Figure 1. Synergic effect of Rp1 on cell death induced by ActD in the drug-resistant LS513 cells. (A) equal amount of total cellular proteins (20 μg) from SW620 cells and LS513 cells was processed for immunoblotting analysis using anti-MDR1 antibody. β-actin antibody was used as a loading control. (B) SW620 and LS513 cells were treated with indicated concentrations of actinomycin D (ActD) for 24 h and cell growth was measured by an MTS assay. Error bars represent standard deviation of the mean of three measurements (** p < 0.01). (CE) LS513 cells were treated with indicated concentrations of ActD either in the presence or absence of 5 μM Rp1 for 24 h, followed by an MTS assay (** p < 0.01) (C), cell cycle analysis using flow cytometry (M1, sub-G1 phase) (D), and live-dead assay with cells stained with calcein AM (live, green) and PI (dead, red) (E). (F) LS513 cells were treated either with 5 μM Rp1, 30 nM ActD, or 5 μM Rp1 and 30 nM ActD together for 18 h, followed by immunofluorescence analysis using anti-γH2AX antibody. Isotype IgG was used as a control and Hoechst 33342 was used for nuclei stain. Scale Bar = 10 μM. These experiments were performed three times with comparable results.
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Figure 2. Correlation of decreased SIRT1 levels by Rp1 with sensitivity to ActD. (A,B) LS513 cells were treated either with 5 μM Rp1, 30 nM ActD, 5 μM Rp1, and 30 nM ActD together (A), or with 10 nM paclitaxel (PTX) (B) for 24 h, followed by immunoblotting analysis using indicated antibodies. (C) SW620 cells were treated with 30 nM ActD for 24 h, followed by immunoblotting analysis using indicated antibodies. A GAPDH antibody was used as a loading control; (D) LS513 cells transfected with either mock (empty vector) or SIRT1 plasmid were treated with 5 μM Rp1, 30 nM ActD or 5 μM Rp1 and 30 nM ActD for 24 h, followed by immunoblotting analysis using indicated antibodies. Similar results were observed in independent experiments.
Figure 2. Correlation of decreased SIRT1 levels by Rp1 with sensitivity to ActD. (A,B) LS513 cells were treated either with 5 μM Rp1, 30 nM ActD, 5 μM Rp1, and 30 nM ActD together (A), or with 10 nM paclitaxel (PTX) (B) for 24 h, followed by immunoblotting analysis using indicated antibodies. (C) SW620 cells were treated with 30 nM ActD for 24 h, followed by immunoblotting analysis using indicated antibodies. A GAPDH antibody was used as a loading control; (D) LS513 cells transfected with either mock (empty vector) or SIRT1 plasmid were treated with 5 μM Rp1, 30 nM ActD or 5 μM Rp1 and 30 nM ActD for 24 h, followed by immunoblotting analysis using indicated antibodies. Similar results were observed in independent experiments.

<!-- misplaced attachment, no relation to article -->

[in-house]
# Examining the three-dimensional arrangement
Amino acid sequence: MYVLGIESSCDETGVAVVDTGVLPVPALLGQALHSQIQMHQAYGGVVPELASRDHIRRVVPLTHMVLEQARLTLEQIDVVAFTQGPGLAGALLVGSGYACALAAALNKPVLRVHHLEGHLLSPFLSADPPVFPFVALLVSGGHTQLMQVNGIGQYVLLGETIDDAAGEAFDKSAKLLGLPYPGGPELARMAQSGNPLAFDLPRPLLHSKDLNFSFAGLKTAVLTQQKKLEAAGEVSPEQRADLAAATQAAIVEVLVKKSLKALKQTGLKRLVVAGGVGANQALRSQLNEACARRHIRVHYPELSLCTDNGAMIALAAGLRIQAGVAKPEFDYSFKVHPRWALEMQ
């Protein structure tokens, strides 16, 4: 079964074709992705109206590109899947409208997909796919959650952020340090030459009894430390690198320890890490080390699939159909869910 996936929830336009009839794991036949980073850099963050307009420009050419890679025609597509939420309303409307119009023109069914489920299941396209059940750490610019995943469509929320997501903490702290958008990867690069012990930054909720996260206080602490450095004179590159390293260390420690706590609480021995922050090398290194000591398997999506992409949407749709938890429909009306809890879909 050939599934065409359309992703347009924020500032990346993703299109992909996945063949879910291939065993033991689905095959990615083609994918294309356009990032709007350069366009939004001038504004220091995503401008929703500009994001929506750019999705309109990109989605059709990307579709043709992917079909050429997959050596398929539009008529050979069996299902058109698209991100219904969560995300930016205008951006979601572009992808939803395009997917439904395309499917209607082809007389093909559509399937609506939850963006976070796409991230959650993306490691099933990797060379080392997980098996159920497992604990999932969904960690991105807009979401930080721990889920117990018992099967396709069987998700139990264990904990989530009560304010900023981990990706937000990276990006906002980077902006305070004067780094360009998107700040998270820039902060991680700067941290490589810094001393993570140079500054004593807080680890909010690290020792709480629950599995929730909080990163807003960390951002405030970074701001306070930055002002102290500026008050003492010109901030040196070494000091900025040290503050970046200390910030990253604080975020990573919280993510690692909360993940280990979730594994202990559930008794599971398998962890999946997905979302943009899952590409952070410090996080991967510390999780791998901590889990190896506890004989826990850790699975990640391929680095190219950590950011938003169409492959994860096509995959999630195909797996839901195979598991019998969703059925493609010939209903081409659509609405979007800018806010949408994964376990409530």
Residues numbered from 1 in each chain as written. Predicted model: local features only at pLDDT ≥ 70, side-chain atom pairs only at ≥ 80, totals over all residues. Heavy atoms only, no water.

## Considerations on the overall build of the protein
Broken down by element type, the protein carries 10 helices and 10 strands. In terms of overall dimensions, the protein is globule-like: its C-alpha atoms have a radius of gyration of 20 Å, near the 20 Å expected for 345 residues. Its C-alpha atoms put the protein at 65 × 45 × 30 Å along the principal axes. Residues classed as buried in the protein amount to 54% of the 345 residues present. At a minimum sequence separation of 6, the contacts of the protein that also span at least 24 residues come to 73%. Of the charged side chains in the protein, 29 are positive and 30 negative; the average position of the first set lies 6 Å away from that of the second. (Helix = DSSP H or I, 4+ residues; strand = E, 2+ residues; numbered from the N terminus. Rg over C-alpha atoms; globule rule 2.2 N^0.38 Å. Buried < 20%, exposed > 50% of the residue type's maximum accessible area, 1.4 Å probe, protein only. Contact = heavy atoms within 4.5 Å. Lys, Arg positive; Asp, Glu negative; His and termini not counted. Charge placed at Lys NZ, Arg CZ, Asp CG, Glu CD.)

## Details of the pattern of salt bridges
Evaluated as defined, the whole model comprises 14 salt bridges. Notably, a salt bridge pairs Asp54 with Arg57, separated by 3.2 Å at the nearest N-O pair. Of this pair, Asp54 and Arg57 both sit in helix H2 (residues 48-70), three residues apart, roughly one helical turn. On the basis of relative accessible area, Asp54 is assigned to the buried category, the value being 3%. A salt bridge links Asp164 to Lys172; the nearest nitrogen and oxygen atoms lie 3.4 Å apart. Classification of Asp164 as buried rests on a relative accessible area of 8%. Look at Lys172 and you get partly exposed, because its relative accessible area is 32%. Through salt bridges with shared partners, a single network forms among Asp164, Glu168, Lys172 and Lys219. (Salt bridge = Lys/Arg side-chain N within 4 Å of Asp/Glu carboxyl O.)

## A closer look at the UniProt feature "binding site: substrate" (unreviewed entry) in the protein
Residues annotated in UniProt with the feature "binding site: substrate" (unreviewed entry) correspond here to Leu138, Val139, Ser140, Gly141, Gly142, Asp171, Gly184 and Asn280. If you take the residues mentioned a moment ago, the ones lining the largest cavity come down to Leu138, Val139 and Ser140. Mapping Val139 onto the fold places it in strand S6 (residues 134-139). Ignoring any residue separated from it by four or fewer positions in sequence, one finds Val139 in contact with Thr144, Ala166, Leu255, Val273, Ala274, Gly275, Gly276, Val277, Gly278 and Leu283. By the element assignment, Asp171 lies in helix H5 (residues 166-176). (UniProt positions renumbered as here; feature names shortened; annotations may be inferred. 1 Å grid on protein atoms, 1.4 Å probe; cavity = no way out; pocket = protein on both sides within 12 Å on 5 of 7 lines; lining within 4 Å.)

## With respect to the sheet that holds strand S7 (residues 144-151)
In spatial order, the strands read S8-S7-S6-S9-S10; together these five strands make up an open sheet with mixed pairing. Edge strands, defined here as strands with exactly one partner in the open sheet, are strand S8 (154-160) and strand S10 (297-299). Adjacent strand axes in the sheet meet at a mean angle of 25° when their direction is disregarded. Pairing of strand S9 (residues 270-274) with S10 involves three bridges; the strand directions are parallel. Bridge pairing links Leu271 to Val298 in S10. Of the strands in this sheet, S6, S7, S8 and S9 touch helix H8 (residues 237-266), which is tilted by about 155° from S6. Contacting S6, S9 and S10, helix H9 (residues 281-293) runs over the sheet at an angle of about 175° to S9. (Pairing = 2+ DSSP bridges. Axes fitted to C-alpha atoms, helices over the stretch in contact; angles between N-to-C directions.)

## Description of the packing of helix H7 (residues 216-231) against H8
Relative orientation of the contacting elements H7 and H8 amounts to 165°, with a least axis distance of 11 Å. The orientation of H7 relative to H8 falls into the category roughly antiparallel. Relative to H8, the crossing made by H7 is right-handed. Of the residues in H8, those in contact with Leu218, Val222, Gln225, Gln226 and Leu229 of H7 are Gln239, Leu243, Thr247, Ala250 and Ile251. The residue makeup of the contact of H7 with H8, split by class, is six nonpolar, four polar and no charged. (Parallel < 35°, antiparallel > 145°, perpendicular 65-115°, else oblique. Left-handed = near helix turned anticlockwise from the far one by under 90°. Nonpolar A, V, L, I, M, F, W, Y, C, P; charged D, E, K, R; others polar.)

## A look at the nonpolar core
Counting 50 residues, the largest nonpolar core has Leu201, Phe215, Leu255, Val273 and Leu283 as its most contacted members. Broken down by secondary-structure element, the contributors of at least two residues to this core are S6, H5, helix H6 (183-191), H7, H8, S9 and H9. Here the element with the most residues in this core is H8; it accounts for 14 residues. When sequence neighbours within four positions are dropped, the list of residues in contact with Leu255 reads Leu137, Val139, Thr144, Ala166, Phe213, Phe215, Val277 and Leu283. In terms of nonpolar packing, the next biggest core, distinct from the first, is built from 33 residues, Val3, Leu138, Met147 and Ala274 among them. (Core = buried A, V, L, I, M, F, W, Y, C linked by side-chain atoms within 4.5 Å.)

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Figure 3. Effects of SIRT1 inhibition on ActD-induced cell death. (A,B,D,E) LS513 cells (A,B) were treated either with 30 nM ActD, 50 μM EX527, or 30 nM ActD and 50 μM EX527 together and OVCAR-DXR cells (D,E) were treated either with 1 μM ActD, 50 μM EX527, or 1 μM ActD and 50 μM EX527 together for 24 h. Cells were then subjected to either MTS assay (A,D) or immunoblotting analysis using indicated antibodies (B,E). (* p < 0.05, ** p < 0.01) (C,F) LS513 cells (C) and OVCAR-DXR cells (F) were transfected either with si-NC or si-SIRT1 RNA for 24 h and then treated with 30 nM or 1 μM ActD for 24 h, respectively. Cell lysates were subjected to immunoblotting analysis using indicated antibodies. The experiments were performed with similar results independently.